In the concept Doherty describes, users would tap into existing cable/satellite relationships, as well as access all types of video from the cloud via their broadband connections. But to really reinvent the way we buy video—making it ala carte, the same way Apple reinvented the way we buy music—Apple’s iTV would need to source content directly from the Hollywood studios, broadcast TV networks, and large production houses that create and own the content.
This concept is scary to the people who own the content. Fearing a digital disruption of their industry and unwilling to jeopardize their lucrative agreements with cable providers, the content owners have placed tight controls on direct distribution. And they have swarms of lawyers to make sure these controls remain in place.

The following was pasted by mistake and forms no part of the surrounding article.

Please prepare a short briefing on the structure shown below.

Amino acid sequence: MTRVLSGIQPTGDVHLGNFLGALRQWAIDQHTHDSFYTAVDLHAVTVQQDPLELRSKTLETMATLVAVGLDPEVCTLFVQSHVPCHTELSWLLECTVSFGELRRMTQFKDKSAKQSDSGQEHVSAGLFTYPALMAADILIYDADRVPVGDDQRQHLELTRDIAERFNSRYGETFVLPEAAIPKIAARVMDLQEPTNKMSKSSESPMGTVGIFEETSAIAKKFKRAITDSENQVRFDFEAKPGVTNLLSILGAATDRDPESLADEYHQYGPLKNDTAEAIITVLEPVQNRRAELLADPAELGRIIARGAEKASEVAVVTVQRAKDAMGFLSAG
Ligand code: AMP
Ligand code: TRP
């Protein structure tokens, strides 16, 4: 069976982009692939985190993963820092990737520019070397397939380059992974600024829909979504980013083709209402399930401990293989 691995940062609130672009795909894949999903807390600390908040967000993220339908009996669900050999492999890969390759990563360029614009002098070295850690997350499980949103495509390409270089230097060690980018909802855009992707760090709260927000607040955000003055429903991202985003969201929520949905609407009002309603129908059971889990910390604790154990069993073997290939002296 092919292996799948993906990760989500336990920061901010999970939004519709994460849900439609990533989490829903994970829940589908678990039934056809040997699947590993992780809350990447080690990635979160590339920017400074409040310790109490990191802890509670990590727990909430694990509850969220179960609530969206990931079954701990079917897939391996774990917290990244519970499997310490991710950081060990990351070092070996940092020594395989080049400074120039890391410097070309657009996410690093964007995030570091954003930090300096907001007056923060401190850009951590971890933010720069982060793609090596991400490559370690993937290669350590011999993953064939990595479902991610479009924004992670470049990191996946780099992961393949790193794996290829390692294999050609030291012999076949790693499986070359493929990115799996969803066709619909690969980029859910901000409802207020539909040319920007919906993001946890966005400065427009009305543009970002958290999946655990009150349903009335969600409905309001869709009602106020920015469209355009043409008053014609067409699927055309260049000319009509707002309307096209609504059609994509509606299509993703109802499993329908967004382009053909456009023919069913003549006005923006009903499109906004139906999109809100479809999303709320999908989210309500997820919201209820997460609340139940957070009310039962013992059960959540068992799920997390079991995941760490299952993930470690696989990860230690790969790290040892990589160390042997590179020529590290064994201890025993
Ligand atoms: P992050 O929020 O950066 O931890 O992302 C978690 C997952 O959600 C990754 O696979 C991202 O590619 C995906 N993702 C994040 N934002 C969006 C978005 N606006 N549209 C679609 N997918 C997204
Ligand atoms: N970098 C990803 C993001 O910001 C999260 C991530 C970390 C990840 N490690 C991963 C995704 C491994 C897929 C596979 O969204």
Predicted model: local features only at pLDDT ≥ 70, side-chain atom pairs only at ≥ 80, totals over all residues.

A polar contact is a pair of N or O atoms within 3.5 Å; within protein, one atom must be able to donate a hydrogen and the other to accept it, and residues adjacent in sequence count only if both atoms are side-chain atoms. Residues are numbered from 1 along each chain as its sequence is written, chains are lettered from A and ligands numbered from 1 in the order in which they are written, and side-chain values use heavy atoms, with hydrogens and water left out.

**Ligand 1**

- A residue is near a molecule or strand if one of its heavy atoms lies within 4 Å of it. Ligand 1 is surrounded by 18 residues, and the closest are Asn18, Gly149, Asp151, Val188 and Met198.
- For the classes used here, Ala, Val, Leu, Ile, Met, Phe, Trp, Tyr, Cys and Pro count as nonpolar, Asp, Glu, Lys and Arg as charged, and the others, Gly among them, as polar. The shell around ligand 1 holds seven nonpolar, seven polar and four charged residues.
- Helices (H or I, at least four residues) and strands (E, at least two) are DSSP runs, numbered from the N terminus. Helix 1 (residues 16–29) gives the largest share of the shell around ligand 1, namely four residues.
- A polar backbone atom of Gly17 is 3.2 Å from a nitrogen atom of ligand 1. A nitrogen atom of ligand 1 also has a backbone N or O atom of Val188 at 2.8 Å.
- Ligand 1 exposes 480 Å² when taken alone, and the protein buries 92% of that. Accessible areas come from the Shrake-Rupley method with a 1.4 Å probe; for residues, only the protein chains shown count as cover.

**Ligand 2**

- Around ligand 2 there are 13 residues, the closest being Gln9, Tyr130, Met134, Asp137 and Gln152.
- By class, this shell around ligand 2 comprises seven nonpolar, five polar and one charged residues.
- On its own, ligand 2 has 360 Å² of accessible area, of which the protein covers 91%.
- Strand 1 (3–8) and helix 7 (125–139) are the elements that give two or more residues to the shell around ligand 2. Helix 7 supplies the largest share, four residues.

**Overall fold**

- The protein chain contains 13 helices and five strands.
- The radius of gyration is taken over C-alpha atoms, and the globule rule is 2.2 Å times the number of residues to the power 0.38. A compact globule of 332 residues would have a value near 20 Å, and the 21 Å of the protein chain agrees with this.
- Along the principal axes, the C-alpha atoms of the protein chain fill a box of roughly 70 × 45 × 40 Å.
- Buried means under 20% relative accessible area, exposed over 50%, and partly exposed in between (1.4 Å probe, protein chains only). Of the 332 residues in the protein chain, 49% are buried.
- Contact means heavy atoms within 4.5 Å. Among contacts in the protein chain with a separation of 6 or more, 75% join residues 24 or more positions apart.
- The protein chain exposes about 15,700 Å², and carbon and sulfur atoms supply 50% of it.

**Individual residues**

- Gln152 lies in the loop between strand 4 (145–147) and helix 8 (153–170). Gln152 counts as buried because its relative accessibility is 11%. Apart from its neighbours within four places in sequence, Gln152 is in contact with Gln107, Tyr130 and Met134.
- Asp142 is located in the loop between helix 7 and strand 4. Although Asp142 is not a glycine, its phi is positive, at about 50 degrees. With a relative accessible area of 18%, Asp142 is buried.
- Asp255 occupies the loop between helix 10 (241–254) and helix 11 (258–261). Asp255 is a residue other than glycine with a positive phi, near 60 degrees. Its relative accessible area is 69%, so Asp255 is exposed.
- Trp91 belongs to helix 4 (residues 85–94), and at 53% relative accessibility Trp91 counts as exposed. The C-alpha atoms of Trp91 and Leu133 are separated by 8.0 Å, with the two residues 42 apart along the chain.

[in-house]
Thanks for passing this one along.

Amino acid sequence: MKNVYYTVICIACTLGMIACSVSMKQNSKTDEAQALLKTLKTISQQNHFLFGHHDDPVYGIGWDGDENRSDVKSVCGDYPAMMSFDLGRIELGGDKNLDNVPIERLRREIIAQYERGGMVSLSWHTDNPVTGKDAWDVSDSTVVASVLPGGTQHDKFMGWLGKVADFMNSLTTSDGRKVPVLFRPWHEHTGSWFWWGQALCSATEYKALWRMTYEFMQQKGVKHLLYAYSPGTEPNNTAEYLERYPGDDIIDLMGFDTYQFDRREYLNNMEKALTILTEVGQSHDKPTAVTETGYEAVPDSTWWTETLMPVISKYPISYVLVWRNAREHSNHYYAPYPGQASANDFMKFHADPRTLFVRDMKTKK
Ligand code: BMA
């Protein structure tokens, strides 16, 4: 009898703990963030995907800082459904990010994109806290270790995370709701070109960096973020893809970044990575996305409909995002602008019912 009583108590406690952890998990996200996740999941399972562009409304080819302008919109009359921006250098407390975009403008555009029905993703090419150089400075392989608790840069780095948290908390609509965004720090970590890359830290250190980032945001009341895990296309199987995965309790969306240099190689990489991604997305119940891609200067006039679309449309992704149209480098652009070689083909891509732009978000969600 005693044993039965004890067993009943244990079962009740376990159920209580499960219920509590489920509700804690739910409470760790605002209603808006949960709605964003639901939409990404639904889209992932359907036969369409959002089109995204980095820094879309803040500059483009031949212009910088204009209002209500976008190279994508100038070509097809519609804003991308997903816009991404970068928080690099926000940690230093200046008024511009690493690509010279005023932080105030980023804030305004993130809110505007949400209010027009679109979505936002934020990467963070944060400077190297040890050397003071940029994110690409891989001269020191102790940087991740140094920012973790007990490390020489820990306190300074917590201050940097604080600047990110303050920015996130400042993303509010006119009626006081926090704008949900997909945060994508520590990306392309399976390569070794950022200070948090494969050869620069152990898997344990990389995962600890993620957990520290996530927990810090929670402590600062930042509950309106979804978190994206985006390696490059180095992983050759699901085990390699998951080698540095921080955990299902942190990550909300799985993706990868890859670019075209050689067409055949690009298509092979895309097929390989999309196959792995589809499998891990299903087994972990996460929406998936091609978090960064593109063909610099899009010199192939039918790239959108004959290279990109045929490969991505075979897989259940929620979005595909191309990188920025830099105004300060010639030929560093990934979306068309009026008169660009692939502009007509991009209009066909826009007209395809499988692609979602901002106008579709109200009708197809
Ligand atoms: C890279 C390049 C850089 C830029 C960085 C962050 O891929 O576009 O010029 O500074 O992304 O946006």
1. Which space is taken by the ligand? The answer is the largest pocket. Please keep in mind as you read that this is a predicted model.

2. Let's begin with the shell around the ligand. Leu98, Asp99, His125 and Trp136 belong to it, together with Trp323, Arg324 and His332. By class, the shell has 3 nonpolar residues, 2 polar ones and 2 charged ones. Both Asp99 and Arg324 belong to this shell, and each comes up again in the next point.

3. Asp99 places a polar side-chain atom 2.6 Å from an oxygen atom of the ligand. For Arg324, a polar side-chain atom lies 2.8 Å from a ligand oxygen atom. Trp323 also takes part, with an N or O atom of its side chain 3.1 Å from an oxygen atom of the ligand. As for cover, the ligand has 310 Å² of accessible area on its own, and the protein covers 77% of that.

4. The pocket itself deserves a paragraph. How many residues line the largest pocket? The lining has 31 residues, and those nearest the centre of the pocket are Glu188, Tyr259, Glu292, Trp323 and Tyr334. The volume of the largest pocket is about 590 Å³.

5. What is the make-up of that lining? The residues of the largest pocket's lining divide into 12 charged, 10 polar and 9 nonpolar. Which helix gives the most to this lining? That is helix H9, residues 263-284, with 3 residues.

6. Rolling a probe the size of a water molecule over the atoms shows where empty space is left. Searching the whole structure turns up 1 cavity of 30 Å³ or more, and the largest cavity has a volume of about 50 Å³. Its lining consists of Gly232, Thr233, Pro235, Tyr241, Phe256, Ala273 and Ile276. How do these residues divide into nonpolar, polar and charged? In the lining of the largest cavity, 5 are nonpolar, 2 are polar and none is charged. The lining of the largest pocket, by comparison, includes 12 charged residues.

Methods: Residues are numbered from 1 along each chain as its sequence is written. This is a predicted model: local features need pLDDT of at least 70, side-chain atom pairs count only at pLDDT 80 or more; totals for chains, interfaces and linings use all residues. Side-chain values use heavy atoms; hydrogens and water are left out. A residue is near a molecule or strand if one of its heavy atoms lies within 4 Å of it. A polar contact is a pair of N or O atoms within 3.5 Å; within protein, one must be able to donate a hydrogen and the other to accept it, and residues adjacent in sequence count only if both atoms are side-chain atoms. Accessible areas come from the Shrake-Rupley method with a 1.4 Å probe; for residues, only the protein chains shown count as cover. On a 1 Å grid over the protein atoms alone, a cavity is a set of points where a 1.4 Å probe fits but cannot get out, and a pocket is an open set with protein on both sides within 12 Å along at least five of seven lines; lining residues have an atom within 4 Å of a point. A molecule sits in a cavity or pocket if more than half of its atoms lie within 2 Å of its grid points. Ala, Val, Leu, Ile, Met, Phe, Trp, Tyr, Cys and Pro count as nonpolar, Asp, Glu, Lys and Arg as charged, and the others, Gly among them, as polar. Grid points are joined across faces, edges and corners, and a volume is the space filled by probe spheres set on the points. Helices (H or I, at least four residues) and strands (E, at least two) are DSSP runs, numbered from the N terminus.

“Apple is up against an army of rights holder attorneys that are bent on preserving the status quo,” Doherty says. “The lawyers have locked down content to a small set of distribution methods for streaming or downloading digital media.”
So the reason there’s still no revolutionary new iTV product 18 months after Steve Jobs said he finally “cracked it” is probably not because Apple is agonizing over the form factor and specs of the device itself. More likely, it’s because Apple is still negotiating with content owners and/or cable TV middlemen to license a content package robust enough to persuade the Apple faithful to lay down the plastic for an expensive new iTV.
All that said, sources tell us they think we’ll see a full-fledged TV product “soon”—maybe before the end of the year, and probably without any revolutionary Hollywood content agreements in place. It sounds like a bold prediction now, but let’s not forget what Tim Cook told the world during an April 2013 investors call. “Our teams are hard at work on some amazing new hardware, software, and services that we can’t wait to introduce this fall and throughout 2014,” Cook said. “This is the same culture and company that brought the world the iPhone and the iPad, and we’ve got a lot more surprises in the works.”
Let’s just hope we don’t have to wait until WWDC 2014 to see how this pans out.